The Conservation and Survey Division (CSD), also known as the Nebraska Geological Survey, is the natural resource survey component of the School of Natural Resources, within the Institute of Agriculture and Natural Resouces, University of Nebraska-Lincoln. CSD is a unique research, service and data-collection organization established by state statute in 1921. As such, it includes the state geological, groundwater and soil surveys.
In 2003, CSD merged with the School of Natural Resource Sciences to become the School of Natural Resources (SNR).
Part of the mandate of the division is to investigate and record information about the geologically related natural resources of the state. This mandate means the division inventories, analyzes and evaluates the rock and mineral deposits, groundwater supplies, and soils of the state. As a result, CSD maintains a huge database, including data on more than 17,000 oil and gas wells and more than 4,400 test holes (drilled for geologic and hydrogeologic data), as well as information on all the irrigation and water wells in the state.
Division geologists conduct basic research on the geologic framework of and history of Nebraska, from the oldest Precambrian rocks to recent deposits such as the Nebraska Sand Hills. Considerable research and service activity revolves around Nebraska's vast and diverse groundwater and surface water supply, ranging from basic studies on the characteristics and capacity of the state's aquifers to monitoring water quality and pollution. In addition, the kinds and distribution of soils in each county in Nebraska are being inventoried, and all counties have a completed modern soil survey.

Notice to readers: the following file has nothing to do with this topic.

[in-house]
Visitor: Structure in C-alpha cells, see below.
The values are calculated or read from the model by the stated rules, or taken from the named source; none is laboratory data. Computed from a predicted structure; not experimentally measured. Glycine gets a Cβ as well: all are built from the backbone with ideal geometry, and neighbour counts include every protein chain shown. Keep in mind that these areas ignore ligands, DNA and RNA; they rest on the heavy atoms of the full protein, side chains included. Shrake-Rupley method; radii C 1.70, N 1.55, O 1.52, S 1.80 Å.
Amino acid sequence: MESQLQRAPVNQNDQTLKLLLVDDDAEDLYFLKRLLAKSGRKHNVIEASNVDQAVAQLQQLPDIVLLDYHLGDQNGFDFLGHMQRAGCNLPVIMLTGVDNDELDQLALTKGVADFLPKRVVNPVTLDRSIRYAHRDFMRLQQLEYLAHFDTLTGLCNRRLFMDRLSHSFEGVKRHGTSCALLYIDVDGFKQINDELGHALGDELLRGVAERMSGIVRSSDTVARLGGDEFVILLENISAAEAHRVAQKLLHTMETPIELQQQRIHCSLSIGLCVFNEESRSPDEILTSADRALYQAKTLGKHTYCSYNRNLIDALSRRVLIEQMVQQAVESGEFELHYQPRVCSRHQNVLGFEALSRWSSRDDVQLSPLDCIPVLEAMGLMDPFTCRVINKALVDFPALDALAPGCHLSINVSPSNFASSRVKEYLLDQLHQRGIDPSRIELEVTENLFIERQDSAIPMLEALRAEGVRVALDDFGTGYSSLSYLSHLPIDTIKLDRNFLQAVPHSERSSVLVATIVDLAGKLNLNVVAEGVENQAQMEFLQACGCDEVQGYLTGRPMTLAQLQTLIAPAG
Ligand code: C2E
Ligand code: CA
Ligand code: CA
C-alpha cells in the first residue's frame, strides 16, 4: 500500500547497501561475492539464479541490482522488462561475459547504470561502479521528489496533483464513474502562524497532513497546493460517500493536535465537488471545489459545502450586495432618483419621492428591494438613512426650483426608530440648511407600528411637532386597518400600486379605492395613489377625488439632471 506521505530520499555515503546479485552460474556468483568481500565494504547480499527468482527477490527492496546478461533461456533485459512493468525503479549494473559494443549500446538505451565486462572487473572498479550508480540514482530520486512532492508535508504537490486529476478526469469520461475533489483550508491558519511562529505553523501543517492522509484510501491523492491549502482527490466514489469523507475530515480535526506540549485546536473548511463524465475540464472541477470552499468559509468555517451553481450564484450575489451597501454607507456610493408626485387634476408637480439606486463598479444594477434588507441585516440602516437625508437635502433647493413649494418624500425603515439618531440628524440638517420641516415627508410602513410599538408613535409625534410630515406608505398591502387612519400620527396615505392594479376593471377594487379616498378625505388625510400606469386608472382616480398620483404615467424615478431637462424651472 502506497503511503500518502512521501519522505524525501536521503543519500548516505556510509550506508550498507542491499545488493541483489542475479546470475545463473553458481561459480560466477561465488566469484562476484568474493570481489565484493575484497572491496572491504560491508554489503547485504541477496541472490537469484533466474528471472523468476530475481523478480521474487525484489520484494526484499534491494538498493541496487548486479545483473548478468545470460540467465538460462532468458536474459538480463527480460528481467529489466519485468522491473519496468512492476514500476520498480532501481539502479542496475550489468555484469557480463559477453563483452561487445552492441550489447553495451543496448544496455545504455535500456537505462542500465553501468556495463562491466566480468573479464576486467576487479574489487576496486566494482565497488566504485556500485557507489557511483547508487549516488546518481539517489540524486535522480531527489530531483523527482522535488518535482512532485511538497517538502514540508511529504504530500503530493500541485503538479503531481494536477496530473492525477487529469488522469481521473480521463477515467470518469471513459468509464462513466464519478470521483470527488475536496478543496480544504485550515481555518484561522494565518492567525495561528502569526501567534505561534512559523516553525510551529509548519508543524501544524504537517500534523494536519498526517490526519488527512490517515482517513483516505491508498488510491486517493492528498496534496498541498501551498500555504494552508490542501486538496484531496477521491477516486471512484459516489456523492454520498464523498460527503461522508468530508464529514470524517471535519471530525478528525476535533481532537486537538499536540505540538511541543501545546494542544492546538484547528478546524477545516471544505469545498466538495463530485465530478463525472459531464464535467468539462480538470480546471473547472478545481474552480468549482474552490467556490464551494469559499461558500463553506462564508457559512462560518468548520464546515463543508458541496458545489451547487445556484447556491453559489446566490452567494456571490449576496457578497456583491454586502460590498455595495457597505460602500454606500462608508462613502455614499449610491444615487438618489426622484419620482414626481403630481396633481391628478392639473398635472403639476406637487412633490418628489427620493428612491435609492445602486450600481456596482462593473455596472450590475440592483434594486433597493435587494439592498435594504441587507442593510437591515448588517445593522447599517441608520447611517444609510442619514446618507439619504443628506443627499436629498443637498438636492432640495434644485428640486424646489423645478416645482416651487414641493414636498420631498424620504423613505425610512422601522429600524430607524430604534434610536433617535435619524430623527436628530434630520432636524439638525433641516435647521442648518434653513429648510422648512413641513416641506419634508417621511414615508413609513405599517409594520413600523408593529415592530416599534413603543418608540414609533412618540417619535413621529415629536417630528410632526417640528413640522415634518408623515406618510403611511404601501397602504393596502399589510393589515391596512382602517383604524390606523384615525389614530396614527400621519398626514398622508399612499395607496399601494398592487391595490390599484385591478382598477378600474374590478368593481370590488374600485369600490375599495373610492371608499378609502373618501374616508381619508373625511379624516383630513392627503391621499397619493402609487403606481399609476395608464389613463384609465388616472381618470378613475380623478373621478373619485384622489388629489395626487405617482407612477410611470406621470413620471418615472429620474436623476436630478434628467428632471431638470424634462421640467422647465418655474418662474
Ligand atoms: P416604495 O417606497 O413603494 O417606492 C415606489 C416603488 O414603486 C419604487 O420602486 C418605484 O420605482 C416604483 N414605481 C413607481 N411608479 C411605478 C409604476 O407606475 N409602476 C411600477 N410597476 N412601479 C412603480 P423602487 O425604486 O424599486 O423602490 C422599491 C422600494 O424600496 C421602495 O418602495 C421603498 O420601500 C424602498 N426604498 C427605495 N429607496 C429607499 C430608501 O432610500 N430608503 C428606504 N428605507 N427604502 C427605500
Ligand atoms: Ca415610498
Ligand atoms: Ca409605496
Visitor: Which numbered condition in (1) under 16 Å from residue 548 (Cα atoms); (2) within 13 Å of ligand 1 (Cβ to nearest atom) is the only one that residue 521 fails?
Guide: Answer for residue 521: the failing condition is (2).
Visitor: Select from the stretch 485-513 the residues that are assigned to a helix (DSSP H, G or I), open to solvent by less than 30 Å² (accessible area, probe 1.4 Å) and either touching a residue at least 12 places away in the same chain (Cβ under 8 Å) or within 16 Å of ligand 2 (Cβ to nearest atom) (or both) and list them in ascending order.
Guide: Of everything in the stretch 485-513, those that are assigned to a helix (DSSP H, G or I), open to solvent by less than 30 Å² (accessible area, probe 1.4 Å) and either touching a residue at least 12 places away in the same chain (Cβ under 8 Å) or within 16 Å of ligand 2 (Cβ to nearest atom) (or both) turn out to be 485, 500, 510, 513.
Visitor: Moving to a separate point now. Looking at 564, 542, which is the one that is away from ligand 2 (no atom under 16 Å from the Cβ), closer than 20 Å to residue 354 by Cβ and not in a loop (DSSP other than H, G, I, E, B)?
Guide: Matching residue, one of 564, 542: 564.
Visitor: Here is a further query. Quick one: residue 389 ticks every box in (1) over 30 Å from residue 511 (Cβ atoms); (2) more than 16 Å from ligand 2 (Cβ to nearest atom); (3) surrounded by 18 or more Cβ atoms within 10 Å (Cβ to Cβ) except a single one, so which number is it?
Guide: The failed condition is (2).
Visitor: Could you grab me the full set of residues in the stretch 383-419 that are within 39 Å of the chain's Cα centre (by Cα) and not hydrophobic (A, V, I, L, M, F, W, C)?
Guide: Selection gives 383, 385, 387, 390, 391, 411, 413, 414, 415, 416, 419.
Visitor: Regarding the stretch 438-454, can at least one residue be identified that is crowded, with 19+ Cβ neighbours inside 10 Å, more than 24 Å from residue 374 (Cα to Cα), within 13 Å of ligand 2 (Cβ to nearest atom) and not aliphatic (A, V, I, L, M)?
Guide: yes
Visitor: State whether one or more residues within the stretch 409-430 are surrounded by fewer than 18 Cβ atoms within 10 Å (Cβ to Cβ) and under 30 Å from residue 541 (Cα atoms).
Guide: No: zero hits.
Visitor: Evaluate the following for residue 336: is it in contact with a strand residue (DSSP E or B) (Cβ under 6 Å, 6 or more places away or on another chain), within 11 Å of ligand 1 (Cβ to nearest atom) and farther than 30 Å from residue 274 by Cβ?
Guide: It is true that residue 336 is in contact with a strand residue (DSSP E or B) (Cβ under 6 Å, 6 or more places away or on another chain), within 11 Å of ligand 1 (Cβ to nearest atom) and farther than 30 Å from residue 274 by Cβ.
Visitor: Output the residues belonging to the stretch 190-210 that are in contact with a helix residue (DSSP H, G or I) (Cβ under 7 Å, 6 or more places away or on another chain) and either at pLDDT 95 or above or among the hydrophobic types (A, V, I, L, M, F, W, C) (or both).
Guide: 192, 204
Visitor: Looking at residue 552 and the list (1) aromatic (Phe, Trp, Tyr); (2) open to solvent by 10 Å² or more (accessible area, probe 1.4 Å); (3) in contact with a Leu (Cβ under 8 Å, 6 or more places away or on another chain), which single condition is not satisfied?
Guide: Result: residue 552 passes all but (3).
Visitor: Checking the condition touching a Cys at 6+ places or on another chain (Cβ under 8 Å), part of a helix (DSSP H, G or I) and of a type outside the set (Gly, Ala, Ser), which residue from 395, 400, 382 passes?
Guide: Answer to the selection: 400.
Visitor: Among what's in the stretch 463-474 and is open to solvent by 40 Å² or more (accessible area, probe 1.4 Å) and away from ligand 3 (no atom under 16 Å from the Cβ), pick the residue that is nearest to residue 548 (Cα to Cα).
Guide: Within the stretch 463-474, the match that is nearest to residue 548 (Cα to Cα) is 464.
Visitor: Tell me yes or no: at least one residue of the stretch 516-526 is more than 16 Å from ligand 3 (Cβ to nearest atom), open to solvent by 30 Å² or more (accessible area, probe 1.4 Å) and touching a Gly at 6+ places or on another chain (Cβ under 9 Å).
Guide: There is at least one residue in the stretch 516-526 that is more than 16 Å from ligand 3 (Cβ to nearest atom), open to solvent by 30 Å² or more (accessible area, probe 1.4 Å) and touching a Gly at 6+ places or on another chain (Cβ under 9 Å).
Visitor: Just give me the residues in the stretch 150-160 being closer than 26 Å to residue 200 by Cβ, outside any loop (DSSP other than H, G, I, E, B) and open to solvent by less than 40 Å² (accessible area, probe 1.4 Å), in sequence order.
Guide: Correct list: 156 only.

Along with their research and service responsibilities, CSD faculty educate in several ways. They teach university courses on the undergraduate and graduate levels. They advise graduate students formally through their service on graduate committees. They also advise students informally who seek reviews of their projects and instruct through field trips.
Using collected data, research results, and the accumulated experience of staff, the division fields requests for information and services from citizens, agencies, businesses, cities and towns and other state and local natural-resource organizations. Frequent inquiries involve specific information and assistance on groundwater supplies; environmental matters ranging from the siting of buildings and landfills to groundwater contamination; mineral deposits, including oil and gas; geologic history; identification of rocks and fossils; soils and their uses; and high-altitude perspectives available from remote sensing imagery.
CSD has a long history of distributing information on Nebraska's resources to general and scientific audiences by publishing several series of publications. These include CSD geologic studies, guidebooks, resource reports (examinations of specific resources), water survey publications, soil survey reports, and educational circulars (lay-audience guides to field sites, natural history or hazards, or resource-analysis tools). In addition, atlases, field guides and division-produced maps and cross sections illustrate various aspects of Nebraska's geology, water, soils or geography. Also available are reprints of articles written by division faculty for scientific journals. Please see SNR's on-line map and publication store Nebraska Maps and More, for a complete listing of all CSD/SNR publications.